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Come, let us reason together? New Dutch code raises thorny questions


Published:

Philip F. Zeidman

Illustration by Jonathan Hankin

Dateline: Amsterdam

When we examine the laws that will apply to the relationship between a franchisor and a franchisee in a cross-border context, we are accustomed to asking the usual questions: Will it be governed by the law of the franchisor’s home country? The franchisee’s? Or, in unusual circumstances, the law of a third country?

Is the legal system of the governing country civil law or common law? Is there an established body of judicial precedent? Is there franchise-specific legislation? These are all questions to ponder, as noted by my colleague and co-author of this article, Khaled Dadi.

In assembling this legal inventory, a distinctly lower order of significance is typically accorded to any “code of conduct” or similar set of principles. That’s the case for several reasons. By no means are these present in all countries, and where they do exist they may consist of bland pronouncements, offering little if any guidance to most factual circumstances. They do not have the force and effect of law.

Furthermore, where the source of the code is a franchise association in the franchisee’s country, its provisions may be binding only on a member company, typically located in that country, but that may be of little moment to an incoming franchisor who is not a member of the association.  

The code, too, may be accompanied by language to the effect that it reflects commonly accepted standards of franchisor–franchisee relationships, but there is no assurance that a court will in fact embrace that aspiration in which the code comes wrapped. Often, courts will stick to what they know best and apply general principles of contract law instead of more elusive “customs and practices” specific to a particular sector. 

Overhyped offenses?

There is a traditional pattern of events that usually leads up to the adoption of a code: incidents (sometimes overhyped) of abuses or excesses; mutterings by one or more legislators; a generally understood syllogism: “We are destined to be regulated. If we do not regulate ourselves, the government will do it for us. Therefore we will self-regulate.” And, sooner or later, some form of “code of conduct” or “statement of principles” emerges.

But a credible process assumes that this “self-regulatory” code in fact represents the views of those to be regulated by it; without that prerequisite, it becomes difficult to argue that the code truly rests upon “the consent of the governed.” That ought to be self-evident, but it appears to be where the new “Dutch Code of Ethics” may have gone off the rails.

Indeed, the accustomed scenario did play out in the Netherlands. In a country without legislation dealing specifically with franchising, general rules of contract law were deemed adequate, with the principles of freedom of contract paramount.  

Then, some lawsuits involving high-profile franchises caught the attention of the mainstream press.  Some members of the parliament were prompted to ask the minister of economic affairs to examine possible excesses in the franchise sector.  The minister concluded that there was in fact a need for self-regulation, and “encouraged” franchisors and franchisees to find common ground.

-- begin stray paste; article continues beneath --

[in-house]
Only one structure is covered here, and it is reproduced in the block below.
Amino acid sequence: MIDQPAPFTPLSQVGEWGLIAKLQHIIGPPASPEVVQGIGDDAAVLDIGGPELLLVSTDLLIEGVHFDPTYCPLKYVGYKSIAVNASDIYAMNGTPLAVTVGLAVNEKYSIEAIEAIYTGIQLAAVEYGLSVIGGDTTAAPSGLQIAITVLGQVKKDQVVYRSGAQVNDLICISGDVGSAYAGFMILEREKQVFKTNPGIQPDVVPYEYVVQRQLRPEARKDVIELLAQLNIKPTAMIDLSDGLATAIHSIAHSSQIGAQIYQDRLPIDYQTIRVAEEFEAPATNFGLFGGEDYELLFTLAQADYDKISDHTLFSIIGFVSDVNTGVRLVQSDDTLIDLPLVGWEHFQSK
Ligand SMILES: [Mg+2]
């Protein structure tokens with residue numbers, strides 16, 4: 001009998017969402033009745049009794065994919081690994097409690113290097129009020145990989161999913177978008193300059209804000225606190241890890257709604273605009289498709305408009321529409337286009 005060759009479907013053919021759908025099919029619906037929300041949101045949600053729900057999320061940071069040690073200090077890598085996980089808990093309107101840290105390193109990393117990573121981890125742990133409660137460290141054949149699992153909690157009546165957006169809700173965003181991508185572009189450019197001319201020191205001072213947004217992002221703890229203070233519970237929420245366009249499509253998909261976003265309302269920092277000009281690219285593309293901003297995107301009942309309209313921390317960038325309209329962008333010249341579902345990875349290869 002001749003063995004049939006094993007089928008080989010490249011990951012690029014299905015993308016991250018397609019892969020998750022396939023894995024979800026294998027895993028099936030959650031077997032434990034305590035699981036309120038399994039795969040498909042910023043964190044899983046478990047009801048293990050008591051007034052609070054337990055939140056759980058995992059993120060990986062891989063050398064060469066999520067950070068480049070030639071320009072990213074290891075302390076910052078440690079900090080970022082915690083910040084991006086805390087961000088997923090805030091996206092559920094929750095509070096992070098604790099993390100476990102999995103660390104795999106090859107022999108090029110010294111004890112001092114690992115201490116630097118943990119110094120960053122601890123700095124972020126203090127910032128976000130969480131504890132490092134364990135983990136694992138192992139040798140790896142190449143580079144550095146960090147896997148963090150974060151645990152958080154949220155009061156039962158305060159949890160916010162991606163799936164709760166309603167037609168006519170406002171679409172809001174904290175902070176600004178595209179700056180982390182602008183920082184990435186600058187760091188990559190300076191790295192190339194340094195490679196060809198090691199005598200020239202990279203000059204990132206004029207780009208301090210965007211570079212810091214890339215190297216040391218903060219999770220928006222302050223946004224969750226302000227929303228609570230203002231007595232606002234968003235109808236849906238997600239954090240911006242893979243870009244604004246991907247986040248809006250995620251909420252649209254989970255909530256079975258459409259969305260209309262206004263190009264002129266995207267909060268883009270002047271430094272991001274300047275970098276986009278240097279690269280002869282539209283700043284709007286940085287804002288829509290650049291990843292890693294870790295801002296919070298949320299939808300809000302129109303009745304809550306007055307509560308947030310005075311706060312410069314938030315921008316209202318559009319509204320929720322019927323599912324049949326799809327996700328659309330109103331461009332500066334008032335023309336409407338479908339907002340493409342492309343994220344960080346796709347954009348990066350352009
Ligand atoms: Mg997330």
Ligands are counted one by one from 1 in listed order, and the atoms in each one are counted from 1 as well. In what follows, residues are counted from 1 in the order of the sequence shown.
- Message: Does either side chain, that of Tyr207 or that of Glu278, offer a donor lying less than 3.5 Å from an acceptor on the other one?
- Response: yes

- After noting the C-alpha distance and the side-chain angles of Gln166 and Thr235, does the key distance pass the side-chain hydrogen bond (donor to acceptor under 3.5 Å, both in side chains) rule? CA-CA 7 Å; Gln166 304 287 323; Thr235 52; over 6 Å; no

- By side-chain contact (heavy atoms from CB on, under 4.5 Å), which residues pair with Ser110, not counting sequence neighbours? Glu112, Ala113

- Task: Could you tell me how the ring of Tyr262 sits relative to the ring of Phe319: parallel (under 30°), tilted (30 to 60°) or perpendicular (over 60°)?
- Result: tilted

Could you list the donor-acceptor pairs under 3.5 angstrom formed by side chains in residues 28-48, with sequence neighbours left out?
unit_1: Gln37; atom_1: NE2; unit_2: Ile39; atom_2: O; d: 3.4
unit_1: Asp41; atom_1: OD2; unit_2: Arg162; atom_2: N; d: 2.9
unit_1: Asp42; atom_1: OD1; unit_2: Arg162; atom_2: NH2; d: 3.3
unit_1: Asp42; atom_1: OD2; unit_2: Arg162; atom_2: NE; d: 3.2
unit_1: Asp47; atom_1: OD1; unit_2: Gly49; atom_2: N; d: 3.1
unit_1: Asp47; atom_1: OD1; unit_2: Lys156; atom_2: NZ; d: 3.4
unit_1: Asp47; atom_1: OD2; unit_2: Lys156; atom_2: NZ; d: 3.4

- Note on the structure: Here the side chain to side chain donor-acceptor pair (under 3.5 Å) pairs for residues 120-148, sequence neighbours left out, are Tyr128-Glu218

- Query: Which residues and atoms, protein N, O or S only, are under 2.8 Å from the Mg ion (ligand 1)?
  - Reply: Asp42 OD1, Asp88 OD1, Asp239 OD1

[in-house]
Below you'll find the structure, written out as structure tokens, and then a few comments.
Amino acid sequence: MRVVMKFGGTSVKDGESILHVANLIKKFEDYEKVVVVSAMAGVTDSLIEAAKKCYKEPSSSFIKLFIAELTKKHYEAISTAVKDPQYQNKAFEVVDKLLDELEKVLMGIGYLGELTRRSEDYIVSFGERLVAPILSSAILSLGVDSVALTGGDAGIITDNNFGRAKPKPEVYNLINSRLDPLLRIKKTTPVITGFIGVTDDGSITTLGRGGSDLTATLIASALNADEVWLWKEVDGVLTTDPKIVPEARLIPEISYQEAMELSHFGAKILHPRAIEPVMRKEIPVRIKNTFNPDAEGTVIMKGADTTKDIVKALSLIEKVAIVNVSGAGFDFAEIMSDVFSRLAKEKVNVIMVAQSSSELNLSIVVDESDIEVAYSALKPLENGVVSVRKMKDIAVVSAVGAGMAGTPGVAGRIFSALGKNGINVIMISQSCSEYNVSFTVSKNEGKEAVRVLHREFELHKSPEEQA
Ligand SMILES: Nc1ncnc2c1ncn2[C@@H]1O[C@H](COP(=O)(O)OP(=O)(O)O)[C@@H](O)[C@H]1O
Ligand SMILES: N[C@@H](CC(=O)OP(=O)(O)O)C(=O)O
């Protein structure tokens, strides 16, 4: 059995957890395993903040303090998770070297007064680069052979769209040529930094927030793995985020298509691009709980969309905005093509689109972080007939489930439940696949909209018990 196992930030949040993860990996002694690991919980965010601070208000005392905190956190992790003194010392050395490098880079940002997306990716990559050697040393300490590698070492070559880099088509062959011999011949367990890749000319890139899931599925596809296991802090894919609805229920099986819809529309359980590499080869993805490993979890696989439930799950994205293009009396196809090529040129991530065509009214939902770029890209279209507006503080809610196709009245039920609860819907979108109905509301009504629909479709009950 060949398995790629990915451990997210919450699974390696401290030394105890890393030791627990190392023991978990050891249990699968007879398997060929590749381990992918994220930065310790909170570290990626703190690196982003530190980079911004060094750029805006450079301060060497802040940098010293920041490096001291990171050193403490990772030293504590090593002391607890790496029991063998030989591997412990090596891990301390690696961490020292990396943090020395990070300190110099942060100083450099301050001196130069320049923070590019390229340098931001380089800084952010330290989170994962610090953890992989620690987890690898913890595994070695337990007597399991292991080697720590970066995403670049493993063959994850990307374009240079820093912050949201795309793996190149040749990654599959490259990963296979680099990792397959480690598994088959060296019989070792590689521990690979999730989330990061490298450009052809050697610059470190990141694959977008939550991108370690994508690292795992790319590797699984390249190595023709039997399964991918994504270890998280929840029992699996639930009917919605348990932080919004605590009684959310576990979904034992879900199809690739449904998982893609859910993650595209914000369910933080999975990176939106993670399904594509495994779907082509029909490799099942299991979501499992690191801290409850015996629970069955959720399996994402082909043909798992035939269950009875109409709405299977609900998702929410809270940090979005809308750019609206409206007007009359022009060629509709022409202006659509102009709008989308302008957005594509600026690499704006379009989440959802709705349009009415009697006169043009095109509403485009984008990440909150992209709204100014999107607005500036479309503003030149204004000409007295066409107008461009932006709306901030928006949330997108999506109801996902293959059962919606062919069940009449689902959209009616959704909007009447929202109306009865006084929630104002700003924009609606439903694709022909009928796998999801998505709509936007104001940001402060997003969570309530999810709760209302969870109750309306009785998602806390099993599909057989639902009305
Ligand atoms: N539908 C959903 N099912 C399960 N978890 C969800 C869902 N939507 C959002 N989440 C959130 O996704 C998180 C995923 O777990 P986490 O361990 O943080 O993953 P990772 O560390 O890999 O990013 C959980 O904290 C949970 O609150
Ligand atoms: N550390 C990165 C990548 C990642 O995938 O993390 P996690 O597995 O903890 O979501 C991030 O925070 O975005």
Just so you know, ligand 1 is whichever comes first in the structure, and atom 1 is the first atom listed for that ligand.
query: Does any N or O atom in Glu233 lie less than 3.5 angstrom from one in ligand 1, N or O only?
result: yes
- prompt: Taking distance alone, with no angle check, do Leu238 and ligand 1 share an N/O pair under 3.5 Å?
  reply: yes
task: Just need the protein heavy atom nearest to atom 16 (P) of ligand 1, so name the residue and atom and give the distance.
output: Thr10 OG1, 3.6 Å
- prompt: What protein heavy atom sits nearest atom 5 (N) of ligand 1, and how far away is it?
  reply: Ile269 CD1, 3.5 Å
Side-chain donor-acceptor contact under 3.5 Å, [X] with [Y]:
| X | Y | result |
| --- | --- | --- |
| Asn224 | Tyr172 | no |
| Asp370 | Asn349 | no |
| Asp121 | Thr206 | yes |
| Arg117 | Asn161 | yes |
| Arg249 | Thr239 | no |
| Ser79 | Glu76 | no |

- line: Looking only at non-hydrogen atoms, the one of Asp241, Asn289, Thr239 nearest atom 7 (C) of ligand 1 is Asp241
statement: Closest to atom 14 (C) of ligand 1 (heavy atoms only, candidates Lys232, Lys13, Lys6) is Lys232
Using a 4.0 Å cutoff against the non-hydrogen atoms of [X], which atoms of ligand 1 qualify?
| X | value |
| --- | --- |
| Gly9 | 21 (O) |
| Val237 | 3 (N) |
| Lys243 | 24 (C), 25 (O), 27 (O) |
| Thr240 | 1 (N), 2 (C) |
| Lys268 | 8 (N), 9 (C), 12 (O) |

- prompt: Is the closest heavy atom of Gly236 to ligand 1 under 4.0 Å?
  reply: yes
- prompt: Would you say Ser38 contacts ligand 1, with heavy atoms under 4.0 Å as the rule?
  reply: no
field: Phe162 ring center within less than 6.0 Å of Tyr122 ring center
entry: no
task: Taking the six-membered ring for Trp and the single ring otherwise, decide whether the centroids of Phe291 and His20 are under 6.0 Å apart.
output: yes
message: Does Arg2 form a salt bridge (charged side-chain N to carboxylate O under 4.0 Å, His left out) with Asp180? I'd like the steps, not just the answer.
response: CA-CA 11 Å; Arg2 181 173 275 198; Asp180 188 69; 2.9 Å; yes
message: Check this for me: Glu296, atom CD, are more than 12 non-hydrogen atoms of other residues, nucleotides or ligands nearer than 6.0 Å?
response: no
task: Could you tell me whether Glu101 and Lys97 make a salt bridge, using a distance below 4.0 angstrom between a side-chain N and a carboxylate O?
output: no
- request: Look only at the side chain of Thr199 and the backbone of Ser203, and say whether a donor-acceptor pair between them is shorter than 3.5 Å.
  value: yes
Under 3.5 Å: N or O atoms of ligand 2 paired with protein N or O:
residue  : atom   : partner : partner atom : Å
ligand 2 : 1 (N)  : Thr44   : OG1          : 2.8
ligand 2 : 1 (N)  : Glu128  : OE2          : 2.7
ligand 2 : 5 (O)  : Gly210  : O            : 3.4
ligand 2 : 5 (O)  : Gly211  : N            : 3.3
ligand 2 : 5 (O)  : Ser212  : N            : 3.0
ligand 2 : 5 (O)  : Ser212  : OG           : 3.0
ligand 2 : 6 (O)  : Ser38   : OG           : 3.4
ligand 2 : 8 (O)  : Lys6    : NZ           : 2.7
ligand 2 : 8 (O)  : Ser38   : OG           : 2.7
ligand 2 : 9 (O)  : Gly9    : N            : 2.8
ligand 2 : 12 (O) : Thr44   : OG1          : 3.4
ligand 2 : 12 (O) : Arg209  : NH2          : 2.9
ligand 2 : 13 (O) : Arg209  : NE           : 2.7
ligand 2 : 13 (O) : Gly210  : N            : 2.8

A drafting committee composed of two franchisors (one linked to the Netherlands Franchise Association) and two franchisees, “supported” by employees of the ministry, produced a draft. When confronted with the draft, many franchisors protested on the grounds of vagueness, inconsistency and one-sidedness.  

But the final version, presented earlier this year, was not significantly changed.  There are rumors that some large franchise companies essentially boycotted the process, and it seems clear that franchisors’ views are poorly reflected.

So what is the legal status of this code?  It was produced at the urging of a government official, but in a process that gave it no legal force. And those who drafted it cannot demonstrate that they were expressing the will of the franchise community, at least as far as franchisors are concerned.

Thus, any infirmities in the substance of the code may be less important than the legitimate questions that can be raised as to how it came into being. And surely there are infirmities, or at least grounds for puzzlement.  

One notable example is the position of the minister that alternative dispute resolution mechanisms should be established, because the traditional court structure is not suitable for franchisor–franchisee disputes, a position with which many would surely disagree.

A missed opportunity

It is clear that considerable work went into this code, and there are some salutary intentions behind it. In that sense, it may represent a missed opportunity. Perhaps the episode will serve as an instructive reminder that a form of “self-imposed” regulation that purports to well up from the desires of those to be regulated will be scrutinized to ascertain whether it in fact meets that standard.

Like so many other well-intentioned efforts, the code is being held out as an expression of the ancient call to consensus—in the words of Isaiah, “Come let us reason together.” But the biblical passage that follows immediately, while less familiar, is as significant: “But if you refuse and rebel, ye shall be devoured by the sword.”  

Whatever else can be said for the rather tortured path this code has followed, it can hardly be described as a model of self-regulation.

Philip Zeidman is a senior partner in the Washington, D.C., office of DLA Piper and an expert in international franchise law. Reach him at philip.zeidman@dlapiper.com. Khaled Dadi, who co-authored this article, is an attorney in DLA Piper’s Amsterdam office. Reach him at khaled.dadi@dlapiper.com.

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